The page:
In 1941 John Huston remade Satan Met a Lady, a movie that was only five-years-old. Did that kill anyone’s enjoyment of The Maltese Falcon? In 1954, Judy Garland remade a movie that was only 17-years-old. Did that kill anyone’s enjoyment of her version of A Star Is Born?
While watching a remake, I sometimes worry the memory of the original skews the experience. Add the fact I’m fortunate enough to get paid for this, and I really worry if my memory will result in an unfair review, especially for those who have never seen the original.
You know what, though? I don’t think so.
It’s just a sad fact that most movies aren’t very good these days, nowhere near as good (overall) as they were 25 or 30 years ago, and this includes all of these godforsaken remakes.
Besides, even though the originals are two of my all-time favorites, I love the remakes of Dawn of the Dead and True Grit and very much enjoyed the updates of Ocean’s Eleven, 3:10 to Yuma, Texas Chainsaw Massacre, and Fright Night.
What’s more, I don’t see a great generational divide on the issue. Those of us who carry a torch for John Carpenter’s Halloween are not arguing with those carrying a torch for Rob Zombie’s forgettable remake, because those people don’t exist. Is there someone out there excited over Colin Farrell’s Total Recall or Nicole Kidman’s Invasion of the Body Snatchers?
A good movie is a good movie, a good remake is a good remake, and Pet Sematary is not a good movie or remake.
Stephen King’s knockout 1983 novel was originally brought to the screen in 1989 by director Mary Lambert, who, in my opinion, holds the crown for one of the top five all-time King adaptations, as well as one of the all-time underrated horror movies.
Thirty years ago, Pet Sematary (1989) was savaged by most critics. Gene Siskel gave it zero stars, Leonard Maltin gave it a BOMB. There were a few contrarians and I’ve been pleased to see time boost its reputation some, but Lambert’s near-perfect piece of emotional brutality still doesn’t get the respect it deserves. And everything Lambert did right (working off a script by King himself), the remake does wrong.
To escape the big city of Boston, Dr. Louis Creed (Jason Clarke) packs up his nuclear family for a quiet life on 50 acres in rural Maine and a career treating STDs and sore throats at the local university.
Very quickly, like within three minutes, the family discovers that the town’s pet cemetery is located on their property by way of a spooky procession of bizarre children wearing unsettling masks for reasons that are never explained.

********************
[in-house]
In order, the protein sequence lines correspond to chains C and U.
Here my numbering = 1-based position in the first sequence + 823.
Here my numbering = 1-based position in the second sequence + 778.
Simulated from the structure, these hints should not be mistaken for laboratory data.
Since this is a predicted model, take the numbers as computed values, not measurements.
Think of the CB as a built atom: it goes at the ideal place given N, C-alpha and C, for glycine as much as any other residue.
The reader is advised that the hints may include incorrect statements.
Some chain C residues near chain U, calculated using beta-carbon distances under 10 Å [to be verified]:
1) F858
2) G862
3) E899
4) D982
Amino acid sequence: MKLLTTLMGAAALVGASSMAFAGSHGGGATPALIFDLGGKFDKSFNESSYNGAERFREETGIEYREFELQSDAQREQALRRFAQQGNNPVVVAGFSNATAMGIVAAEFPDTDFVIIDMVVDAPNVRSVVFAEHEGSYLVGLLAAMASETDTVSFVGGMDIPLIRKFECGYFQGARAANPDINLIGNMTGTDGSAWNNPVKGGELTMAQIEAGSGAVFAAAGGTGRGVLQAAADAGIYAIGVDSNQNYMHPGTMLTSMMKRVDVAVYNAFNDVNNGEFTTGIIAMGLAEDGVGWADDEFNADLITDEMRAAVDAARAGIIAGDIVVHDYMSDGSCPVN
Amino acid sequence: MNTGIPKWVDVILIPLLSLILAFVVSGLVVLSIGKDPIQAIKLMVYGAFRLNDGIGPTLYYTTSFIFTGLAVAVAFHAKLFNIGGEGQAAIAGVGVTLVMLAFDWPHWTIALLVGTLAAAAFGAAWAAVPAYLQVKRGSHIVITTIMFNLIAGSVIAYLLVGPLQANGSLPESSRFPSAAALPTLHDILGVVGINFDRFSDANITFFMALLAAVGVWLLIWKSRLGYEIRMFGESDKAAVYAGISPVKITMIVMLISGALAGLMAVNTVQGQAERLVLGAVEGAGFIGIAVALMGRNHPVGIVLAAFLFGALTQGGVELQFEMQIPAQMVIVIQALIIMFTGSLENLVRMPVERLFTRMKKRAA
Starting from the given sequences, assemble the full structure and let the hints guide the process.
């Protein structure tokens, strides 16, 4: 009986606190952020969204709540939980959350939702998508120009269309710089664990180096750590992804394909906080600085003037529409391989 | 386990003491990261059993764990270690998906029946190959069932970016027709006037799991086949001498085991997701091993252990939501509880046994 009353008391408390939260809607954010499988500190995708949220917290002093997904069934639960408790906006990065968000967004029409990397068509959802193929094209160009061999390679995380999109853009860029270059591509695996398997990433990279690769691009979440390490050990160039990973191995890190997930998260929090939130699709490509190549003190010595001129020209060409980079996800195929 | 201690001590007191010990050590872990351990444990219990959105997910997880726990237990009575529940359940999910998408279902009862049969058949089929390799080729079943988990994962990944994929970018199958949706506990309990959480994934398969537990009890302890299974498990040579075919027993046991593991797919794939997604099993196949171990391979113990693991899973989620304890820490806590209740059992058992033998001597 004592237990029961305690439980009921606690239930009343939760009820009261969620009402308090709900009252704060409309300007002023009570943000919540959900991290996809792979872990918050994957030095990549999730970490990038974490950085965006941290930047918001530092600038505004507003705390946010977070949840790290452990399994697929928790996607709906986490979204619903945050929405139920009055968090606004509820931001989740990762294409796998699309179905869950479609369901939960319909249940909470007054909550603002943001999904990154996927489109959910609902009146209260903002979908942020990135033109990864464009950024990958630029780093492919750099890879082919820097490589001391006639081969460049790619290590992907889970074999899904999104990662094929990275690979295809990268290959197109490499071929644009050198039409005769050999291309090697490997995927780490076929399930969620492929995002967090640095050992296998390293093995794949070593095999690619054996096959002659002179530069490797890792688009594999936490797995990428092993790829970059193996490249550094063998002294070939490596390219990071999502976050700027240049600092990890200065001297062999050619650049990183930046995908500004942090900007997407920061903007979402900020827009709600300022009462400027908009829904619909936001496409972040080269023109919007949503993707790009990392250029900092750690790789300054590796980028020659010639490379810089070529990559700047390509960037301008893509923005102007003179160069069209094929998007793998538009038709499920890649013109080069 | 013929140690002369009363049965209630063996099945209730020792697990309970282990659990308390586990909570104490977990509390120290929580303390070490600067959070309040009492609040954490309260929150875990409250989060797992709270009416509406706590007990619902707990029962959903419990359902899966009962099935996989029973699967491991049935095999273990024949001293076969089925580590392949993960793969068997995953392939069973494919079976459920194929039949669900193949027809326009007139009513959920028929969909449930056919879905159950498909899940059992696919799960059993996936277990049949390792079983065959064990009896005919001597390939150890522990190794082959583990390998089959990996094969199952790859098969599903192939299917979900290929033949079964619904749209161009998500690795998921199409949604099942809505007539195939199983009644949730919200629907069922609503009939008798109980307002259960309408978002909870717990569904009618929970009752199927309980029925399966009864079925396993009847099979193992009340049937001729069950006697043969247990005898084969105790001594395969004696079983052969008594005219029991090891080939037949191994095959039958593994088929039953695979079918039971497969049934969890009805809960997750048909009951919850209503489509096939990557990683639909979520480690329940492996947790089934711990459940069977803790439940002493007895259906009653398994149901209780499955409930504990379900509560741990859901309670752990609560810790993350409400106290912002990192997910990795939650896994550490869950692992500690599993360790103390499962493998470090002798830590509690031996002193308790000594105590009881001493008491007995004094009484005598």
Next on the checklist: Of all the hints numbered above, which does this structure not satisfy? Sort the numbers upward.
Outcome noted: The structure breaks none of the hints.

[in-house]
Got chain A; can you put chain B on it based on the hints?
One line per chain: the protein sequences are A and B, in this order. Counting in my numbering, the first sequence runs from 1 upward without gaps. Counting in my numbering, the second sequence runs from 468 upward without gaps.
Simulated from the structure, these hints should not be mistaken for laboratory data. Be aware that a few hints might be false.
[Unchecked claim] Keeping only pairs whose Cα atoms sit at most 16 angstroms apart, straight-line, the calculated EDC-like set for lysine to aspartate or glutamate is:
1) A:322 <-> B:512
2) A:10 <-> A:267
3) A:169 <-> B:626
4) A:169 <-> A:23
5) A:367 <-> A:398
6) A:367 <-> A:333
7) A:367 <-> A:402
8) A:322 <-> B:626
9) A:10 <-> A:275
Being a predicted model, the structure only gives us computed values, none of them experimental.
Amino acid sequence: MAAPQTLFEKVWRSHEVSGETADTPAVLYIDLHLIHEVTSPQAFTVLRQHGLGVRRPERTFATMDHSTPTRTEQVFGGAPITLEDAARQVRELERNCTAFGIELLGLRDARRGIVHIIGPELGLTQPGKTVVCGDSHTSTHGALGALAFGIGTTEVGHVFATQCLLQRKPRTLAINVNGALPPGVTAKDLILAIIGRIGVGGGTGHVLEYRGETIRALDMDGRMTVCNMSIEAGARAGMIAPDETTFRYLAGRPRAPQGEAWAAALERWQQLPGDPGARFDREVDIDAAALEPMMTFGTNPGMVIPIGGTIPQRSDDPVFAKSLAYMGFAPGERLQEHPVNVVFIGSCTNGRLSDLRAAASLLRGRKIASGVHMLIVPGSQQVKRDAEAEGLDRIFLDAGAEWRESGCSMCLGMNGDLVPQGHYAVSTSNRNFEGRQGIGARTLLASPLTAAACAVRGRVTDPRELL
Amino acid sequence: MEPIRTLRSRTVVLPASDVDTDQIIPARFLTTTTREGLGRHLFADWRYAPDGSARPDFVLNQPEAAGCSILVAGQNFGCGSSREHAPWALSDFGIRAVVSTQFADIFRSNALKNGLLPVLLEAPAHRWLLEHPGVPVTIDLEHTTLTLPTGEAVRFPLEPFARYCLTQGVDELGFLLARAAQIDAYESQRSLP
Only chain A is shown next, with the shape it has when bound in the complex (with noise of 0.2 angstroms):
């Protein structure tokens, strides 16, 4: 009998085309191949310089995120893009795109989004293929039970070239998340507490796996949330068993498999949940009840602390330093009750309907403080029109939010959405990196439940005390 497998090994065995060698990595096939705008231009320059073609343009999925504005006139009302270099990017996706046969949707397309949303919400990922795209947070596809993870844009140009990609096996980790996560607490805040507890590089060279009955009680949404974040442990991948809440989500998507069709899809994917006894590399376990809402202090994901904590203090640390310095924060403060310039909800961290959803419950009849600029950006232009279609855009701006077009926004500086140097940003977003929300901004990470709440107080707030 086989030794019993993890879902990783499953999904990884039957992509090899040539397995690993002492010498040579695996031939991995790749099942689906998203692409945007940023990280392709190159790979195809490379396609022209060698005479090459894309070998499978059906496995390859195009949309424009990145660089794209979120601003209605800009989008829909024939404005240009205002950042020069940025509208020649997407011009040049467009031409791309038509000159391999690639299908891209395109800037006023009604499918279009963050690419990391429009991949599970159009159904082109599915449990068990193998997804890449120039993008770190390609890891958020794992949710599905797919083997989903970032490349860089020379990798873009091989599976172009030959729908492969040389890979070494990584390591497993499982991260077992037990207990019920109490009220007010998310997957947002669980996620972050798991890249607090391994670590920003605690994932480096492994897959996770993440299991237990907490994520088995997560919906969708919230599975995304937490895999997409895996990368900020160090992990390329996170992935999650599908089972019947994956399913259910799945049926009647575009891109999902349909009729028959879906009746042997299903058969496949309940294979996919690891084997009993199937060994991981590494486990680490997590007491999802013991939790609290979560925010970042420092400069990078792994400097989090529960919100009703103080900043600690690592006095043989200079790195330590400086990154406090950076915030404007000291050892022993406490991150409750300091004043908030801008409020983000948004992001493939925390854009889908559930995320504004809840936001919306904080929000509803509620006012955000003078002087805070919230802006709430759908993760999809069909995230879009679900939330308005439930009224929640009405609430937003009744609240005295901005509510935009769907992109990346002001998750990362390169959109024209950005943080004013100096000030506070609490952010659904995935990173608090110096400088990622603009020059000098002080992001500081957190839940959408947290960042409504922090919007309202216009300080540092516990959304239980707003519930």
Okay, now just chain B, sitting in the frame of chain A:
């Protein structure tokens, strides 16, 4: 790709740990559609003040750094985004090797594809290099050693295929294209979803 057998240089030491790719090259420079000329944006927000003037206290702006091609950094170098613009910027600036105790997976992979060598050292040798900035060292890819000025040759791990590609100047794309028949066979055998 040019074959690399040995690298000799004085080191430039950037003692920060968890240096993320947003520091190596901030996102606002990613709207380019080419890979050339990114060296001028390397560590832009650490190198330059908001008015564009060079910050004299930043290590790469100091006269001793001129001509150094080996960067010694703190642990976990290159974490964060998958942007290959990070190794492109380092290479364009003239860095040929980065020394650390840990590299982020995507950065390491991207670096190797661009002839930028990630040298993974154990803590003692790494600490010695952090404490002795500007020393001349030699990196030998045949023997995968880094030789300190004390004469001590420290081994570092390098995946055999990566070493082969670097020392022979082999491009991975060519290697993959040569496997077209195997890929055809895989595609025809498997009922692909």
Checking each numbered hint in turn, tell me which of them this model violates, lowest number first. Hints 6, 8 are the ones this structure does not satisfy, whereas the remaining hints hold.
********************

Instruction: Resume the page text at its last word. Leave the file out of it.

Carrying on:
And then a massive truck barrels by, foretelling the terrible things to come.
Church, the family cat, is killed by one of those trucks and the Creed’s neighbor, Jud (John Lithgow), a lonely but friendly widower, tells Louis to keep the bad news a secret from his daughter Ellie (Jeté Laurence).
In the middle of the night the two men bury the cat way beyond the Pet Sematary. The next day Church returns.
Church is different, though: sullen, territorial, mean, quick to violence…
Until now, co-directors Kevin Kölsch and Dennis Widmyer stick pretty close to the novel and 1989 movie.
The coming changes are not the movie’s problem.
What the original movie (and King’s novel) did so well, the remake jettisons completely to keep the story moving-moving-moving. Like its source material, Lambert’s Pet Sematary works on two levels: all the good ideas in the overall horror plot and the emotional destruction of a likable family unraveled by a father’s inconsolable grief, his desperation to redeem himself, and the sin of pride. In the capable hands of actor Dale Midkiff, Louis remains a sympathetic character even as he engages in demonic acts to prove himself to his horrible in-laws, to show them he is worthy of their daughter and grandchildren.
Other than funeral guests, the in-laws have no role in the remake (and no dialogue), which removes everything complicated and horrifying about Louis’s motivation, about a man driven largely by grief, arrogance and insecurities. Now he’s just a grieving dad, which is enough to move the story, but not in a very compelling way.
Also missing is the housekeeper, Missy Dandridge, whose suicide in the Creed’s basement realistically kick-starts the emotional motivation for what’s to come. Instead we get a three sentence debate over the existence of God.
You see, this remake is all plot-plot-plot-plot. This happens. That happens. Events occur. People do things. Gears click into place. The story marches on. But unless you’re familiar with the original material you are probably going to wonder what Victor Pascow’s ghost and Rachel Creed’s (Amy Seimetz) sick sister have to do with anything — other than contrived shocks.
Sure, there’s fleeting suspense, bumps in the night. What’s missing, though, is any sense of an emotional undercurrent, the thing that gave the original a legitimate sense of dread and heartbreak, that had you walk out of the theater shattered.
To its credit, the update has its own idea about how the Pet Sematary works, and the idea is pretty nifty. Unfortunately, the story is in way too much of a hurry to get there and once we arrive the movie ends a few minutes later.
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